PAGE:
“We wanted to make it kind of formal and match our clothes instead of wearing the usual paper masks. At Covid we had to adjust to a lot. The mask doesn’t feel like it’s robbing you of the night, “said Halady.
But for others, an unusual prom called for a much more relaxed ensemble. Conard High School usually holds their prom in a hall but took it outside to be Covid-19 safe. This change was faced with another complication: unusually cold weather.
An hour before the event, Conard students were on their Facebook group page getting creative. To keep warm over their prom outfits, students chose to wear their college sweatshirts, said Chloe Scrimgeour, the senior high school president.
“I loved putting the sweatshirt on,” said Sophie Capps-Hawkins. “I like the dress up, dress down combo.”
Jonathan Casiano Jr. is at the center of the dance floor. (Courtesy Premier Portraits Studio, LLC)
Elaine Watson, left, Sophia Niblock and Cheyenne Valentine dance at the Lees Summit High School prom. (Courtesy Jessica Brown)
Laura Geiersbach turns into Cornhole. (Courtesy Jessica Brown)
For entertainment, some events took a traditional route while others tried something new.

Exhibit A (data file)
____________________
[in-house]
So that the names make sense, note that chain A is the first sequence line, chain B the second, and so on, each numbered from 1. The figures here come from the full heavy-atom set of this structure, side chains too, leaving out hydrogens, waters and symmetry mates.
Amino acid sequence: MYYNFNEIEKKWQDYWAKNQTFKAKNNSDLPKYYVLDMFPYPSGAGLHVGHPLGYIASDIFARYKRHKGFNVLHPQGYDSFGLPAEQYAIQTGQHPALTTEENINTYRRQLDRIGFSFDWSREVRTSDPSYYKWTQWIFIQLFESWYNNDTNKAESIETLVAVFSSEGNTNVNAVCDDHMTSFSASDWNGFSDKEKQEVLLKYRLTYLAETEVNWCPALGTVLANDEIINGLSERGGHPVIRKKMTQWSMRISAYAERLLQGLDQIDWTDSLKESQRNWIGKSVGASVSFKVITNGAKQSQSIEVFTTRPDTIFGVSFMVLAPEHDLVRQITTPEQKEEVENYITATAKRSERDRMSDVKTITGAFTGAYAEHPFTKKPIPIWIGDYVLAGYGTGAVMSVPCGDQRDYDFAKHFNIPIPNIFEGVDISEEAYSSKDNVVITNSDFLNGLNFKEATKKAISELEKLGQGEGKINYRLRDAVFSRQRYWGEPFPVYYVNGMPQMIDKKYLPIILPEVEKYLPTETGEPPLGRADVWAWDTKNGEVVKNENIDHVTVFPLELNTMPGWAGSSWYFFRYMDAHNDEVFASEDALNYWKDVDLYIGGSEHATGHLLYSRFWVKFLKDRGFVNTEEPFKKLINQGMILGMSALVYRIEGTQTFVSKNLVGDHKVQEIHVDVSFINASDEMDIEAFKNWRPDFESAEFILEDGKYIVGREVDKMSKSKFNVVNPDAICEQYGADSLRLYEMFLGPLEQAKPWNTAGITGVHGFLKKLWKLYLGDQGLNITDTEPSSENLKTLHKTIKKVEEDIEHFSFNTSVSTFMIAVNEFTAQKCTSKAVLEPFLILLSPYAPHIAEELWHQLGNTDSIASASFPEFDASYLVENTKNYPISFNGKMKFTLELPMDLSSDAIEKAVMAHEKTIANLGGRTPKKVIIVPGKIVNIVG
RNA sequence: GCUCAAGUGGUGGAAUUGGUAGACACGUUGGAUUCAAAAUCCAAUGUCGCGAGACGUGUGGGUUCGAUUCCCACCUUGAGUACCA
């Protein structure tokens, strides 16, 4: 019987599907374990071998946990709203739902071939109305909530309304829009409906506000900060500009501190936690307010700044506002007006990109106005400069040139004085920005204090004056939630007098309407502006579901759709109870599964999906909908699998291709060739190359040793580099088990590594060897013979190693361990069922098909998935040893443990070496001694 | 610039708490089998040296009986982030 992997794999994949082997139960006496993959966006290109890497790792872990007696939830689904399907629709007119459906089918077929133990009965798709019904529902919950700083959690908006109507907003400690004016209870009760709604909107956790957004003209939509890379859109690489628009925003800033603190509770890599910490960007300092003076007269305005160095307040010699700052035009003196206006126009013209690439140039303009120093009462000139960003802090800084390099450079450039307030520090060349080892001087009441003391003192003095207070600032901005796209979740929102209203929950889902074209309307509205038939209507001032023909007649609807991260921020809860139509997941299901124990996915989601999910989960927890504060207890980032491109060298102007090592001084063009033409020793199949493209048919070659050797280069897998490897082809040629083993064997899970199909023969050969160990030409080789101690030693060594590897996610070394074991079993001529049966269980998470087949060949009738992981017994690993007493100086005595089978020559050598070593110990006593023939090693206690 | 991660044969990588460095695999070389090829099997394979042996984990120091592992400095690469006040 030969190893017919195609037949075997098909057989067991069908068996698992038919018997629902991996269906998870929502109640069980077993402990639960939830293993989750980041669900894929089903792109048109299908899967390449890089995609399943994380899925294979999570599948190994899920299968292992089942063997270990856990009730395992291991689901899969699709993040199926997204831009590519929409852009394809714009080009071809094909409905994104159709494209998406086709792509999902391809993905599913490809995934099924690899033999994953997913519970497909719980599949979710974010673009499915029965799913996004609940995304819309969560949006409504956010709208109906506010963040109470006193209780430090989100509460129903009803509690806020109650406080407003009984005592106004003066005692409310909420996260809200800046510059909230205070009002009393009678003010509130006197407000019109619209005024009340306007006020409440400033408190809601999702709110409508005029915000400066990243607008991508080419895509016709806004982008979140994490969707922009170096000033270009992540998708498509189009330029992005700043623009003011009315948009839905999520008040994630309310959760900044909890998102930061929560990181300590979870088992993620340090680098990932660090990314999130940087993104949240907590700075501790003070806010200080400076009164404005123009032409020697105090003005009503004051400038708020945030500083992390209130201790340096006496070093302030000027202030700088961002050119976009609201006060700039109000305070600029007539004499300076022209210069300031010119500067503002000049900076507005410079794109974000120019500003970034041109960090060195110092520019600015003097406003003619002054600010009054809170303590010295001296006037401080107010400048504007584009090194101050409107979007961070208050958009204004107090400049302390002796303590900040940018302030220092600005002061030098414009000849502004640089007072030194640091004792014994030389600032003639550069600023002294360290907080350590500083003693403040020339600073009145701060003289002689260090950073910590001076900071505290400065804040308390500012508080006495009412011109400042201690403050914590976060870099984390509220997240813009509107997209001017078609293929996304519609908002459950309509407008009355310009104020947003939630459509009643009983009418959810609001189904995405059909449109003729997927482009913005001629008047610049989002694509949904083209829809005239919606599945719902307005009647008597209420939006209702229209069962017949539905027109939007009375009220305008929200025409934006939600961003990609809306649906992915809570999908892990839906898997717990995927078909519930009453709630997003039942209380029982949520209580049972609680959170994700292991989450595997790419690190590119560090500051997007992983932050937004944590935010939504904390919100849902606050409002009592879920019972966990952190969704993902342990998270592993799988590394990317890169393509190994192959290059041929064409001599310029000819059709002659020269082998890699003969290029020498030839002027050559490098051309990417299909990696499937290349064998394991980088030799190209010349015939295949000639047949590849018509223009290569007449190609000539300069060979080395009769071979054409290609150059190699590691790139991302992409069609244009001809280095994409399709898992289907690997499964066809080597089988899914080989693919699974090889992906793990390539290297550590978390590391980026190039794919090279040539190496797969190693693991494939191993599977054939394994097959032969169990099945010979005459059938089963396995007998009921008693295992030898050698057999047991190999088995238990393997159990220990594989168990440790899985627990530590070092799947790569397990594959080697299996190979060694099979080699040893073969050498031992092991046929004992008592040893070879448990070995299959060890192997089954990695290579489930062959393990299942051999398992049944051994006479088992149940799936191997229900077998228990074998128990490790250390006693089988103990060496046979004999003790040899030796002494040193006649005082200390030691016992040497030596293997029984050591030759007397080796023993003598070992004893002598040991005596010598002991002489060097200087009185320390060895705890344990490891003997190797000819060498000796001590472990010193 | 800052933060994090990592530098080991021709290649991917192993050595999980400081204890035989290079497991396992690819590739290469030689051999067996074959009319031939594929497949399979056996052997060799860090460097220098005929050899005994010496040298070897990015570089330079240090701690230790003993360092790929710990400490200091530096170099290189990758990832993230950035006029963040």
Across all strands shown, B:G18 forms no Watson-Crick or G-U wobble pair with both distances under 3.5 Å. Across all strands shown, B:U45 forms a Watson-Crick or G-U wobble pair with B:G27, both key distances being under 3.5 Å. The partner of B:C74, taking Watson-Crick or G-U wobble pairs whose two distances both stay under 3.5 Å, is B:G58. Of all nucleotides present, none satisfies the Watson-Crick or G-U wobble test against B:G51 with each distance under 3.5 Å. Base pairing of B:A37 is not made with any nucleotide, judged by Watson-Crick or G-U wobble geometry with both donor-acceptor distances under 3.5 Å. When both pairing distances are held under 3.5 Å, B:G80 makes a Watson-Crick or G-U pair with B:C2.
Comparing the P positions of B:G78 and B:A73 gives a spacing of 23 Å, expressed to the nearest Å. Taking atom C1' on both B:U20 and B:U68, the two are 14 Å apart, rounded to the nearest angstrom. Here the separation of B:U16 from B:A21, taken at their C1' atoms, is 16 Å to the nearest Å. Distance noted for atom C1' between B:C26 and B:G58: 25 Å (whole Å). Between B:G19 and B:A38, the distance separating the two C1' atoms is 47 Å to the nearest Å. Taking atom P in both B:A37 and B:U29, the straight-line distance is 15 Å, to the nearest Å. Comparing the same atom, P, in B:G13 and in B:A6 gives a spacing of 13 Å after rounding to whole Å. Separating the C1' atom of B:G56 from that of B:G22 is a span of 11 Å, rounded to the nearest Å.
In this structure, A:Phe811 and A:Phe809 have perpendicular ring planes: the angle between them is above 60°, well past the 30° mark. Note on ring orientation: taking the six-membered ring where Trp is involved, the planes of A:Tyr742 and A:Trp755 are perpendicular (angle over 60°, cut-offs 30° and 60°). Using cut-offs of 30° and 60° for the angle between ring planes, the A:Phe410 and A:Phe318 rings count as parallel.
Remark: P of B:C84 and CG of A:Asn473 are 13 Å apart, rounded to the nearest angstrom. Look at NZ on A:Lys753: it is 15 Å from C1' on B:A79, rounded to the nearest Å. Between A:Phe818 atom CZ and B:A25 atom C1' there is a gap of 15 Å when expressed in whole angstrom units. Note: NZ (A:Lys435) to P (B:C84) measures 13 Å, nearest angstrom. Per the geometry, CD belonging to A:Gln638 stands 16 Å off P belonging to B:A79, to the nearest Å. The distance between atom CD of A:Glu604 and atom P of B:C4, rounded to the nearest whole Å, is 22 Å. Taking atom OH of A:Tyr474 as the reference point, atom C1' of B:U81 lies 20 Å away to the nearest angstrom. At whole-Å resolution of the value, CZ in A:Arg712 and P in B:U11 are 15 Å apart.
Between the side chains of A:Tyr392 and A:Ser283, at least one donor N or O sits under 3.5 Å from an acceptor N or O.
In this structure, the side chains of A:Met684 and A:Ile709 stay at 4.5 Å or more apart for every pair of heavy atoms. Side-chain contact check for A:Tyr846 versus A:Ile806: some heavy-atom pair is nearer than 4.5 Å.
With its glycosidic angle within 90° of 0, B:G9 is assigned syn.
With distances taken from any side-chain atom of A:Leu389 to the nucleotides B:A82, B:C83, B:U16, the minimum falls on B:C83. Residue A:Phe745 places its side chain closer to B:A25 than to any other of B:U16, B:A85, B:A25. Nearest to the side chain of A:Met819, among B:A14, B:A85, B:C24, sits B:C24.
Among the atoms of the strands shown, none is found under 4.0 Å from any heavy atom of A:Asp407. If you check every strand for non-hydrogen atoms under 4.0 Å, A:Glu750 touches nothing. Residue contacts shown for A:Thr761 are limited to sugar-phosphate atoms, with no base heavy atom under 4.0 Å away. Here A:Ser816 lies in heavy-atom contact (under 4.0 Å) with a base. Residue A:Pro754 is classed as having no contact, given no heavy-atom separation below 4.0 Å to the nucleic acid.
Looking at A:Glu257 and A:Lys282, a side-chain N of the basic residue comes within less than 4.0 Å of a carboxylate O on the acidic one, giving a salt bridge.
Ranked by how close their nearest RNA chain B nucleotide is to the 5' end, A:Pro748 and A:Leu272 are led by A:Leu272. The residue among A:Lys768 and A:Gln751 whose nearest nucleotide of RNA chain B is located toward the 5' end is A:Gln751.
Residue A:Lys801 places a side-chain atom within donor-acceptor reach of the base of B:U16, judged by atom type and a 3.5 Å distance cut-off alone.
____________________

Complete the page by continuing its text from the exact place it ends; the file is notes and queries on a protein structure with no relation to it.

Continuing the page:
Lee’s Summit High School found a way to make the most of their soccer field with yard games like Giant Jenga and Cornhole. While not the traditional ball entertainment, Hannah Phillips said she enjoyed listening to music surrounded by friends while they played games together in their dresses and suits.
Conard students kept dancing. At first, the students came out slowly on the dance floor. Except for Johnathan Casiano Jr., who tore it apart from the start. But at the end of the night, Capps-Hawkins said she was dancing like crazy to Cotton Eye Joe and Teach Me How to Dougie.
An ice cream truck was the main dinner event at Lee’s Summit prom. (Courtesy Jessica Brown)
Kingston’s prom students were served a full meal with a salad class, hot meal, and chocolate cake, Senior Morgan Halady said. (Courtesy of the Olympic Photo Group)